Reviewed by Oct 05, 2020| Updated on
It is an investment account owned by a single investor—an institutional investor, an individual investor, or a retail investor. The account is supervised by the professional money manager hired by the investor.
Armed with discretionary authority over the account, this dedicated manager actively makes investment decisions relevant to the individual, taking into account the needs and objectives of the client, the risk tolerance and the size of the asset. Managed accounts have many advantages for a high net-value investor.
## How Does a Managed Account Function?
A managed account can contain financial assets, cash, or property titles. The money or investment manager shall have the authority to purchase and sell assets without the prior approval of the client, as long as they act in accordance with the objectives of the client.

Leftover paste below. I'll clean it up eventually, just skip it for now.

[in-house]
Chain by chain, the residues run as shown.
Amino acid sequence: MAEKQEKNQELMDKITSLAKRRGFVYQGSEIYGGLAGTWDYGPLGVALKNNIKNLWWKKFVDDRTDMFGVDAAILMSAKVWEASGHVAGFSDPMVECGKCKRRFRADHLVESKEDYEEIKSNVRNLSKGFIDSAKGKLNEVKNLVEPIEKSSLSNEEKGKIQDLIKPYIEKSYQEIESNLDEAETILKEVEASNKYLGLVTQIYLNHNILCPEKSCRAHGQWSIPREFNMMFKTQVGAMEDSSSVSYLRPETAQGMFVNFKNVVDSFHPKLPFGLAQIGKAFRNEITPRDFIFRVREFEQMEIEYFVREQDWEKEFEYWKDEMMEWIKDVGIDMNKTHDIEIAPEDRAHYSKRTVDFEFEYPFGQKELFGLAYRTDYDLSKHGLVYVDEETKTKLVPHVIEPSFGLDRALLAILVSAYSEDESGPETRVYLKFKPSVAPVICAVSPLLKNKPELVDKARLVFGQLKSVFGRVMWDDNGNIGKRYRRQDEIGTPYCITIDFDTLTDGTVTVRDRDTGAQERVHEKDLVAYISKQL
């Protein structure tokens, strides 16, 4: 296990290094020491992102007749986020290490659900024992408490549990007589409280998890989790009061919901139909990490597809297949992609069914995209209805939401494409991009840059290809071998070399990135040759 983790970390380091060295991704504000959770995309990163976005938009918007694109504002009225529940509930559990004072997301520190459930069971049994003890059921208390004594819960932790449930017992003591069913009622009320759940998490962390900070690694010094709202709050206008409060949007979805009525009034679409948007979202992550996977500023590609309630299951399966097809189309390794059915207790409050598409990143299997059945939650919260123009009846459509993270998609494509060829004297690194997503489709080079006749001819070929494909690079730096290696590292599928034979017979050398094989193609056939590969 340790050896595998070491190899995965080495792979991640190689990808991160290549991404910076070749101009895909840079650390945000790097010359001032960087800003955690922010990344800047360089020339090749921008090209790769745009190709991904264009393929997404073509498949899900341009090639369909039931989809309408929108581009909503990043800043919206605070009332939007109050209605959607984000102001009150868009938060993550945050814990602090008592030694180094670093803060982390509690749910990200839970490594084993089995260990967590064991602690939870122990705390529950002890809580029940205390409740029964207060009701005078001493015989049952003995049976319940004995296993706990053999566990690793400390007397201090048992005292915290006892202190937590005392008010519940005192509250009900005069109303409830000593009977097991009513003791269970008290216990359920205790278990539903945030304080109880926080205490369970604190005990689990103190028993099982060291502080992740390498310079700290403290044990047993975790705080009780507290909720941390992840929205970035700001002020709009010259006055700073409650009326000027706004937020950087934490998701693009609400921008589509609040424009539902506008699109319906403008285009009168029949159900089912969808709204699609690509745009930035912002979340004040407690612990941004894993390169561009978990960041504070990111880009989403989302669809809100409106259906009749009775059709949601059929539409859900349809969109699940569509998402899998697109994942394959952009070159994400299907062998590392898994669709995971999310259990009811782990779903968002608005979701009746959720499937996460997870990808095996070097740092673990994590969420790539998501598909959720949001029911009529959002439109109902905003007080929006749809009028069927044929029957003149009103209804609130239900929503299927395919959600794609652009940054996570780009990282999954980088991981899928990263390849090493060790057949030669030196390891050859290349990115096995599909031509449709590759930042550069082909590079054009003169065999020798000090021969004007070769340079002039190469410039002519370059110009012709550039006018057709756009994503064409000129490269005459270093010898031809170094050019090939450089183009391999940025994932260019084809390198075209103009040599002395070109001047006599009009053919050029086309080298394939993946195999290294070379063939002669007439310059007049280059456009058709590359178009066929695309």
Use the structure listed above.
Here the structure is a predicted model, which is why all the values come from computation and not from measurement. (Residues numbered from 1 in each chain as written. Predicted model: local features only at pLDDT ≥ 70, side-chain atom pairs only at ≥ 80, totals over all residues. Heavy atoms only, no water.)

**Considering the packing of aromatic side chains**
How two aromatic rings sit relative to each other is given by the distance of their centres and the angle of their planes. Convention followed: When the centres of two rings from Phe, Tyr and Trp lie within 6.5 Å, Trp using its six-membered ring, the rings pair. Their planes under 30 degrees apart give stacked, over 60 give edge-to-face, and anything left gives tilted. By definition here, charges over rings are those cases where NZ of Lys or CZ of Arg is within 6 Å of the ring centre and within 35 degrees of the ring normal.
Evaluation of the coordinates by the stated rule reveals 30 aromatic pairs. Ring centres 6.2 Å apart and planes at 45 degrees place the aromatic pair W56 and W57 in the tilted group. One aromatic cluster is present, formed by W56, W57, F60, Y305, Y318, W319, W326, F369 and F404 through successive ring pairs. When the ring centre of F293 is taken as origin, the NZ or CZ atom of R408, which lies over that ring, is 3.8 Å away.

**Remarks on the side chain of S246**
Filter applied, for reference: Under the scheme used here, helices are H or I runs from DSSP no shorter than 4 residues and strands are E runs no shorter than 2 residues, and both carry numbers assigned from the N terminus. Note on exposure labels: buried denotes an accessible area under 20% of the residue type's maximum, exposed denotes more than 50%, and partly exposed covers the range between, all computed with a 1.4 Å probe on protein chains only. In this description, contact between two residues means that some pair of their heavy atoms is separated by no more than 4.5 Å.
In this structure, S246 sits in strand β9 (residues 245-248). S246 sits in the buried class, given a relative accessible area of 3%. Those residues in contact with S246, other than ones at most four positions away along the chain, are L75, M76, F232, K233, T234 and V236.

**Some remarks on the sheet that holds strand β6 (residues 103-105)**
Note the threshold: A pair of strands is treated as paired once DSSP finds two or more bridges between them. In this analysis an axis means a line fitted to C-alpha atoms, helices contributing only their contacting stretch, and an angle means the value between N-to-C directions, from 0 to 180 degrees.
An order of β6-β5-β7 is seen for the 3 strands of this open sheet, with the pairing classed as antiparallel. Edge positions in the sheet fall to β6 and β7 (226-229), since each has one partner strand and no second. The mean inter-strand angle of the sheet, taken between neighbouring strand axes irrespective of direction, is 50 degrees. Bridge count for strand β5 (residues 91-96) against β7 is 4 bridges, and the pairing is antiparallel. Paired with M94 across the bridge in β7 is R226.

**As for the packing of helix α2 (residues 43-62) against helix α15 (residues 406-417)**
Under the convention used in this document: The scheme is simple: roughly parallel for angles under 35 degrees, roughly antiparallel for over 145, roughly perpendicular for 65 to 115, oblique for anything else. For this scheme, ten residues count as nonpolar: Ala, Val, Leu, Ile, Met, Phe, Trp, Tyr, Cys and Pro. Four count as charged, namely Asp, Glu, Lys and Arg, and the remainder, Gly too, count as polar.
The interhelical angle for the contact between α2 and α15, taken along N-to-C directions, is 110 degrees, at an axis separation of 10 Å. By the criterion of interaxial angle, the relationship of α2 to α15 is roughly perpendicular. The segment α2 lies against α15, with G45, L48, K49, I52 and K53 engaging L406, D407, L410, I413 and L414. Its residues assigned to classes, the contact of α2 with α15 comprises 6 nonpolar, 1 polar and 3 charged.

Since a controlled account requires a fiduciary obligation, the manager must behave in the best interests of the company or possibly face civil or criminal penalties. Typically, the investment manager will provide the client with regular reports on the performance of the account and the holdings.
Managed accounts also require a total of six-figure contributions; mutual funds require much smaller initial investment amounts.
Investment or disbursement of controlled account assets can take days; mutual fund shares are more liquid and can be bought or sold on a regular basis.
Compensation for managed portfolio managers is an annual charge that can have an effect on the net return; the expense ratio of the mutual funds appears to be smaller.